*
23.2-6 Give an efficient algorithm to test if a graph is bipartite.
*

Bipartite means the vertices can be colored red or black such that no edge links vertices of the same color.

We can augment either BFS or DFS when we first discover a new vertex, color it opposited its parents, and for each other edge, check it doesn't link two vertices of the same color. The first vertex in any connected component can be red or black!

Bipartite graphs arise in many situations, and special algorithms are often available for them. What is the interpretation of a bipartite ``had-sex-with'' graph?

How would you break people into two groups such that no group contains a pair of people who hate each other?

*
23.4-3 Give an O(n) algorithm to test whether an undirected graph
contains a cycle.
*

If you do a DFS, you have a cycle iff you have a back edge. This gives an

*
23.4-5 Show that you can topologically sort in O(n+m) by repeatedly
deleting vertices of degree 0.
*

The correctness of this algorithm follows since in a DAG there must always be a vertex of indegree 0, and such a vertex can be first in topological sort. Suppose each vertex is initialized with its indegree (do DFS on G to get this). Deleting a vertex takes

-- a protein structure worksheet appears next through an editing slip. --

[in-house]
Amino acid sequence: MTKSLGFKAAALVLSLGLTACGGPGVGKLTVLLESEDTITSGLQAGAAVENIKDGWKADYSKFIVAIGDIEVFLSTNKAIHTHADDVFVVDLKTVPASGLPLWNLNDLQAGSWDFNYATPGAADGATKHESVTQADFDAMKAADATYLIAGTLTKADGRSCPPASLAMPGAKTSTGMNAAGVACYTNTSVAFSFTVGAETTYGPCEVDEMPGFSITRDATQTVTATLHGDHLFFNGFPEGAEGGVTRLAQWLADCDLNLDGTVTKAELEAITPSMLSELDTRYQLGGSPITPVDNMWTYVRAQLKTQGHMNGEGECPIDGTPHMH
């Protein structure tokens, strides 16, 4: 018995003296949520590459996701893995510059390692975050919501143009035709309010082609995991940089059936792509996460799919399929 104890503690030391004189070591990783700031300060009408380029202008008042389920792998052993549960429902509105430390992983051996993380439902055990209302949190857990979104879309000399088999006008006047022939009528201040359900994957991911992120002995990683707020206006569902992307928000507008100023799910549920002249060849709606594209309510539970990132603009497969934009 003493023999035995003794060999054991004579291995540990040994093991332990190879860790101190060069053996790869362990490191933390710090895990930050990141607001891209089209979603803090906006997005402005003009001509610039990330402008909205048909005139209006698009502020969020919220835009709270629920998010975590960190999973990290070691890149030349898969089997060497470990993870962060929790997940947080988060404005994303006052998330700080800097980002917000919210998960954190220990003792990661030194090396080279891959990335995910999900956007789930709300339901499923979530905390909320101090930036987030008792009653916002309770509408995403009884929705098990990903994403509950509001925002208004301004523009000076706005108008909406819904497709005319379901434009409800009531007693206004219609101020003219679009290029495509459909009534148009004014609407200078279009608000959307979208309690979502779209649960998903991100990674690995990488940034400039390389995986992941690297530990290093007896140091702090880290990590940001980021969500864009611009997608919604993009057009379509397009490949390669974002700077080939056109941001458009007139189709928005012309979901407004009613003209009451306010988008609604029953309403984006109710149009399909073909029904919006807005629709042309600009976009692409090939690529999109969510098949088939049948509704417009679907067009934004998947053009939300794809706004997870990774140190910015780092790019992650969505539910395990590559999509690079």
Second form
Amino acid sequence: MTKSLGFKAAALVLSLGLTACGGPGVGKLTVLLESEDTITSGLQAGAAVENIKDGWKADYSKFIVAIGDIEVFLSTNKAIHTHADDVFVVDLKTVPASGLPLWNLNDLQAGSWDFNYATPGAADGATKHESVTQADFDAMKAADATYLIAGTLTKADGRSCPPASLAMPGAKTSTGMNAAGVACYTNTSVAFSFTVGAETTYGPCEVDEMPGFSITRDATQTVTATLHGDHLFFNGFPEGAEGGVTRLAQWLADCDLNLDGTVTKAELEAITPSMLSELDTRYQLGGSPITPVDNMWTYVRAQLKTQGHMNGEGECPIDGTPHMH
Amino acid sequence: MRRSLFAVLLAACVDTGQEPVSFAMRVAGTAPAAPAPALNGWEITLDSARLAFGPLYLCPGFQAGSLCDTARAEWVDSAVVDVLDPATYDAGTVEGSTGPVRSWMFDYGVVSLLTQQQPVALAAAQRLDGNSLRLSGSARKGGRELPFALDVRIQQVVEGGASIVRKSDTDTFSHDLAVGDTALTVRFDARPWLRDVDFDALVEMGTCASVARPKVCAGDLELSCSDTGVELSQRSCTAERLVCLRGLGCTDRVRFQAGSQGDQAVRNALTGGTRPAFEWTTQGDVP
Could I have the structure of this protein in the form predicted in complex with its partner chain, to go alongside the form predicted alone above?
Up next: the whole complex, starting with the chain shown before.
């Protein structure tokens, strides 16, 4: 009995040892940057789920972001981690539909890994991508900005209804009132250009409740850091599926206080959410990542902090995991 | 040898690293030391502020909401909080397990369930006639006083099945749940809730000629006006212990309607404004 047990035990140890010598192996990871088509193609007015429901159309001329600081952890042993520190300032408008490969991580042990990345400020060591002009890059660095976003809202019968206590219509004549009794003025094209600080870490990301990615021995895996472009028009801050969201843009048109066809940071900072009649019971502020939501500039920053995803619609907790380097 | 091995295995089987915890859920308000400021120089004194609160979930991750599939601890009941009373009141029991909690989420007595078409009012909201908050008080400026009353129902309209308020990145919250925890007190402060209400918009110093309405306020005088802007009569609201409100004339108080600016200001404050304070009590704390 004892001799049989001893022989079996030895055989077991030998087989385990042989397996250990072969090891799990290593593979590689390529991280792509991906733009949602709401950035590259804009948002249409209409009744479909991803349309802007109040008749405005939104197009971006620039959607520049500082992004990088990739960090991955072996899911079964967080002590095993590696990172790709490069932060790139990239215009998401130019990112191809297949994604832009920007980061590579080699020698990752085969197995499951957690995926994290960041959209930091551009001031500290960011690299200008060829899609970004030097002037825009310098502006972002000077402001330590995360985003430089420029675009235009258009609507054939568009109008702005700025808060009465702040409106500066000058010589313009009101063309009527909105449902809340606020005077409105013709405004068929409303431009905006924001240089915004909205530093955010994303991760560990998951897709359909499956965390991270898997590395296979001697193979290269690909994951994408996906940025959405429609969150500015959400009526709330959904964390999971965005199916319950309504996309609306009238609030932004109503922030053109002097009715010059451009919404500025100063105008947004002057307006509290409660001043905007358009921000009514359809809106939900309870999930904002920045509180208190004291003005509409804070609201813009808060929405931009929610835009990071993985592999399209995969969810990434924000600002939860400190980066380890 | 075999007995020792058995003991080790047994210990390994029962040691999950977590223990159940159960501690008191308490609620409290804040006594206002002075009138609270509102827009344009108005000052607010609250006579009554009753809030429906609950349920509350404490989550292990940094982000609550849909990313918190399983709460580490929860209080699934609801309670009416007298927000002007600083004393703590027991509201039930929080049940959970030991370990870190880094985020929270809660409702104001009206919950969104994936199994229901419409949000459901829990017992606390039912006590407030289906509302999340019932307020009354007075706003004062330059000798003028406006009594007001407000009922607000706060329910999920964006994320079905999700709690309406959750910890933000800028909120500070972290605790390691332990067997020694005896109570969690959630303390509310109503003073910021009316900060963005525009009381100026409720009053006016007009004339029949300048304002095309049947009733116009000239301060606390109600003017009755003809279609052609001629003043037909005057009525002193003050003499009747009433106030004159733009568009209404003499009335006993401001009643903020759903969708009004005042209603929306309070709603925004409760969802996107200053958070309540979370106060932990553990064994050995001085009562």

Time:

Strongly Connected Components

A directed graph is strongly connected iff there is a directed path between any two vertices.

The strongly connected components of a graph is a partition of the vertices into subsets (maximal) such that each subset is strongly connected.

- Call DFS( ) to compute finishing times for each vertex.
- Compute the transpose graph (reverse all edges in G)
- Call DFS( ), but order the vertices in decreasing order of finish time.
- The vertices of each DFS tree in the forest of DFS( ) is a strongly connected component.

This algorithm takes *O*(*n*+*m*), but why does it compute strongly connected
components?

**Lemma**: If two vertices are in the same strong component, no path between
them ever leaves the component.

Proof: Consider the first vertex *v* in the component to be discovered.
Everything in the component is reachable from it, so we will
traverse it before finishing with *v*.

What does DFS( , v) Do?

It tells you what vertices have directed paths to *v*,
while DFS( ,*v*) tells what vertices have directed paths from *v*.
But why must any vertex in the search tree of DFS( , *v*) also
have a path from *u*?

Example of Strong Components Algorithm

5, 6, 8 can reach *5*, oldest remaining is *7*.

7 can reach *7*, oldest remaining is *1*.

1, 2, 3 can reach *1*, oldest remaining is *4*.

4 can reach *4*.

Mon Jun 2 09:21:39 EDT 1997